Darren Burke and Dylan Wendleken are no strangers to the longer races. They both managed to complete the course in just under 6 hours, Darren in 69th position and Dylan in 80th. Vicky Crawley-Wise was the first of the GVH women to finish the course, in 6:05:36, 3 places behind Dylan. She was unnecessarily self-critical after the race, saying, “Not the best day in the office, much slower than last year. It was much boggier and having been off poorly for over 2 weeks I was lucky to make the start line.” Most would agree that it was a great performance by Vicky.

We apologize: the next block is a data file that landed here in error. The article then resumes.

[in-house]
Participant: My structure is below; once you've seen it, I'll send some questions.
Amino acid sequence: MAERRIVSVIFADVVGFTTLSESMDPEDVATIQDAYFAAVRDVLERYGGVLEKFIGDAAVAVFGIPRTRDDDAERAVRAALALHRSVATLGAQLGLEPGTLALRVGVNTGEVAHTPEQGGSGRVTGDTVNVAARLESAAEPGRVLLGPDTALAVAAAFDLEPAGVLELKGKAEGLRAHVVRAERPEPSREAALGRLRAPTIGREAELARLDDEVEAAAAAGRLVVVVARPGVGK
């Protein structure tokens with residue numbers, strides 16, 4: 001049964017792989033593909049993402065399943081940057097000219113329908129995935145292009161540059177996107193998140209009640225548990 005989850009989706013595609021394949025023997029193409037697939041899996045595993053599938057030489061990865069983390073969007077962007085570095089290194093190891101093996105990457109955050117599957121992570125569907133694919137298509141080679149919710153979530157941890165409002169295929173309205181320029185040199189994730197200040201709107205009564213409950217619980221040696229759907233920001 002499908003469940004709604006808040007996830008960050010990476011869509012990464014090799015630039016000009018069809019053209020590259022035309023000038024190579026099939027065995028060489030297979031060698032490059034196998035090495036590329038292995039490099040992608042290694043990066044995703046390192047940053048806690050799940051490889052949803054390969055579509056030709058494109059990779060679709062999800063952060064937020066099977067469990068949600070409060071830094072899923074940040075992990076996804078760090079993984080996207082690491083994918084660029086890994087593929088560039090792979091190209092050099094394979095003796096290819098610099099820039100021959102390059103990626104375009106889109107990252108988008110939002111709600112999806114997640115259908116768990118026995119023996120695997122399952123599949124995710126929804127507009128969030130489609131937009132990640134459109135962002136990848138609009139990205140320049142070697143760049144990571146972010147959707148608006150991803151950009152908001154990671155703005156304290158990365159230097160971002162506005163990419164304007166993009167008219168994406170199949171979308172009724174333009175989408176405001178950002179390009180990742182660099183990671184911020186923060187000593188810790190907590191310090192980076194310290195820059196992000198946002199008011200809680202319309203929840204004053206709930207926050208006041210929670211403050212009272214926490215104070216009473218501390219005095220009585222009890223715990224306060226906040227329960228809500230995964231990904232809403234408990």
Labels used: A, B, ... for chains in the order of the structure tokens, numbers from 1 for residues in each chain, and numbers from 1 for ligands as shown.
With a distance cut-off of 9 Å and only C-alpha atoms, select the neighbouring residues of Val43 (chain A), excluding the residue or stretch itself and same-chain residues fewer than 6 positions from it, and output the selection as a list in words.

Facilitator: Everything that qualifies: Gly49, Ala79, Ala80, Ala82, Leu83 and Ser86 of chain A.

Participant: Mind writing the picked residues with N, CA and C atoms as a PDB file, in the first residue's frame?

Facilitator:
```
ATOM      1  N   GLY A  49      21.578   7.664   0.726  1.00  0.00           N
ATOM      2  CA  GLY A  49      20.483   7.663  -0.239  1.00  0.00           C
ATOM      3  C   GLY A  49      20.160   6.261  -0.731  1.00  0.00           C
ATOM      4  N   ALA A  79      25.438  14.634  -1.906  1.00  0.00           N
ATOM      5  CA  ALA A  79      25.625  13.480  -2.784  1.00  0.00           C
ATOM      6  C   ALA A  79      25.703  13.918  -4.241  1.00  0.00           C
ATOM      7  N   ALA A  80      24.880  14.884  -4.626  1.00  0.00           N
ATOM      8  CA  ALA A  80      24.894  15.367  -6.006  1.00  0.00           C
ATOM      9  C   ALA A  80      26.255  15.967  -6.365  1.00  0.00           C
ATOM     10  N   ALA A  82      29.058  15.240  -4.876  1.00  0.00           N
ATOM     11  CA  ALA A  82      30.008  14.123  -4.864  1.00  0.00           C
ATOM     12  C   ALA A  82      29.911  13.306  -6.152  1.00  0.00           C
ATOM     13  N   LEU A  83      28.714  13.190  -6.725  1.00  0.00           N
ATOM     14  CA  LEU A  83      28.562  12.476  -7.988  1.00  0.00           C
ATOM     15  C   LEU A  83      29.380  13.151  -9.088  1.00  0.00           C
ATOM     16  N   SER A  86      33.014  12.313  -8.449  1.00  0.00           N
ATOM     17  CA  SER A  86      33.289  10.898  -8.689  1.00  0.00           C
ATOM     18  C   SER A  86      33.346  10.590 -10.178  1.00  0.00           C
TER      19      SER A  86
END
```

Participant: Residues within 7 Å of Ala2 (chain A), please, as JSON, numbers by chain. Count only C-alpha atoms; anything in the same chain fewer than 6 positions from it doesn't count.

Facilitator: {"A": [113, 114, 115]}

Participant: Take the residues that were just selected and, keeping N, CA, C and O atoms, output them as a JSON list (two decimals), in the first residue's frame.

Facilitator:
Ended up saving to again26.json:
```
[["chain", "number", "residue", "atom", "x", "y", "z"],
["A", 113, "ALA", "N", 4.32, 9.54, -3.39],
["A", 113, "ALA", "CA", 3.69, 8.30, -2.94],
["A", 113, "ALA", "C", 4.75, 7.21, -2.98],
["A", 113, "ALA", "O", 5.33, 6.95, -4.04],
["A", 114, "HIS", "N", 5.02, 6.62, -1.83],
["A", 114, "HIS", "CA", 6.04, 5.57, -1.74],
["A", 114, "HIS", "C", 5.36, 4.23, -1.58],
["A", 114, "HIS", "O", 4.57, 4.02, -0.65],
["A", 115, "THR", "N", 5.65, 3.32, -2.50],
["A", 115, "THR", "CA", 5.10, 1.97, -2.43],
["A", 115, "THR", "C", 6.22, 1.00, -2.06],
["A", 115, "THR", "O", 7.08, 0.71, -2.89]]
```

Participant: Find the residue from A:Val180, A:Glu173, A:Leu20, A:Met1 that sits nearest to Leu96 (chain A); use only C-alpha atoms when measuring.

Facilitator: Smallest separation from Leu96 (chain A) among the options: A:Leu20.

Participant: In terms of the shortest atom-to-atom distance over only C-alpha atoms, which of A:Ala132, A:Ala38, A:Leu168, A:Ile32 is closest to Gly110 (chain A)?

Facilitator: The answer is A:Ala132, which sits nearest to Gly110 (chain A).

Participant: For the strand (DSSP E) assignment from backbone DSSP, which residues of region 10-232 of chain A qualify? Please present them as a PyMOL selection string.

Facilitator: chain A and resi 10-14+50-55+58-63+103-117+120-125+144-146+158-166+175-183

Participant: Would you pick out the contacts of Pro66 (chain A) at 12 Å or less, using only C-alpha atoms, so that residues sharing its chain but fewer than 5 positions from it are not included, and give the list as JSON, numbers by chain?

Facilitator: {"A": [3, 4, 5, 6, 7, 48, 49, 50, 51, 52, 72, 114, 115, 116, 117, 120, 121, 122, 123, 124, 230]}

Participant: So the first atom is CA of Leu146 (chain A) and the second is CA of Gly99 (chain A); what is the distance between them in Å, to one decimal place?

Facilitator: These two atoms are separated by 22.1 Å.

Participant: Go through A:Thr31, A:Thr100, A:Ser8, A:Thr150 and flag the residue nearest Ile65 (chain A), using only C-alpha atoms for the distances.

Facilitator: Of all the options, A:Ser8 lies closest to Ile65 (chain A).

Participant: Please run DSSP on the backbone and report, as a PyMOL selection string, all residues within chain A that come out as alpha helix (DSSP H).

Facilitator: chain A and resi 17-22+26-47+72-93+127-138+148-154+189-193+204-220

Great performance, no question

Antony Beamish was the next for GVH to finish. The conditions, and perhaps a degree of naivety about the scale of the challenge, made it a very tough (but ultimately rewarding) day for Antony. He finished the course in 88th place, in 6:09:17. Asked immediately after the finish, “how was it?”, his reply of “f***ing awful”, left the listeners in little doubt how he felt. He later shared, through his instagram account @BeaMoments, a picture of himself recovering in the bath with some scented candles and a gluten free Peroni. He was unavailable to comment on the authenticity of the image.

You wouldn’t be smiling if you knew how this ends.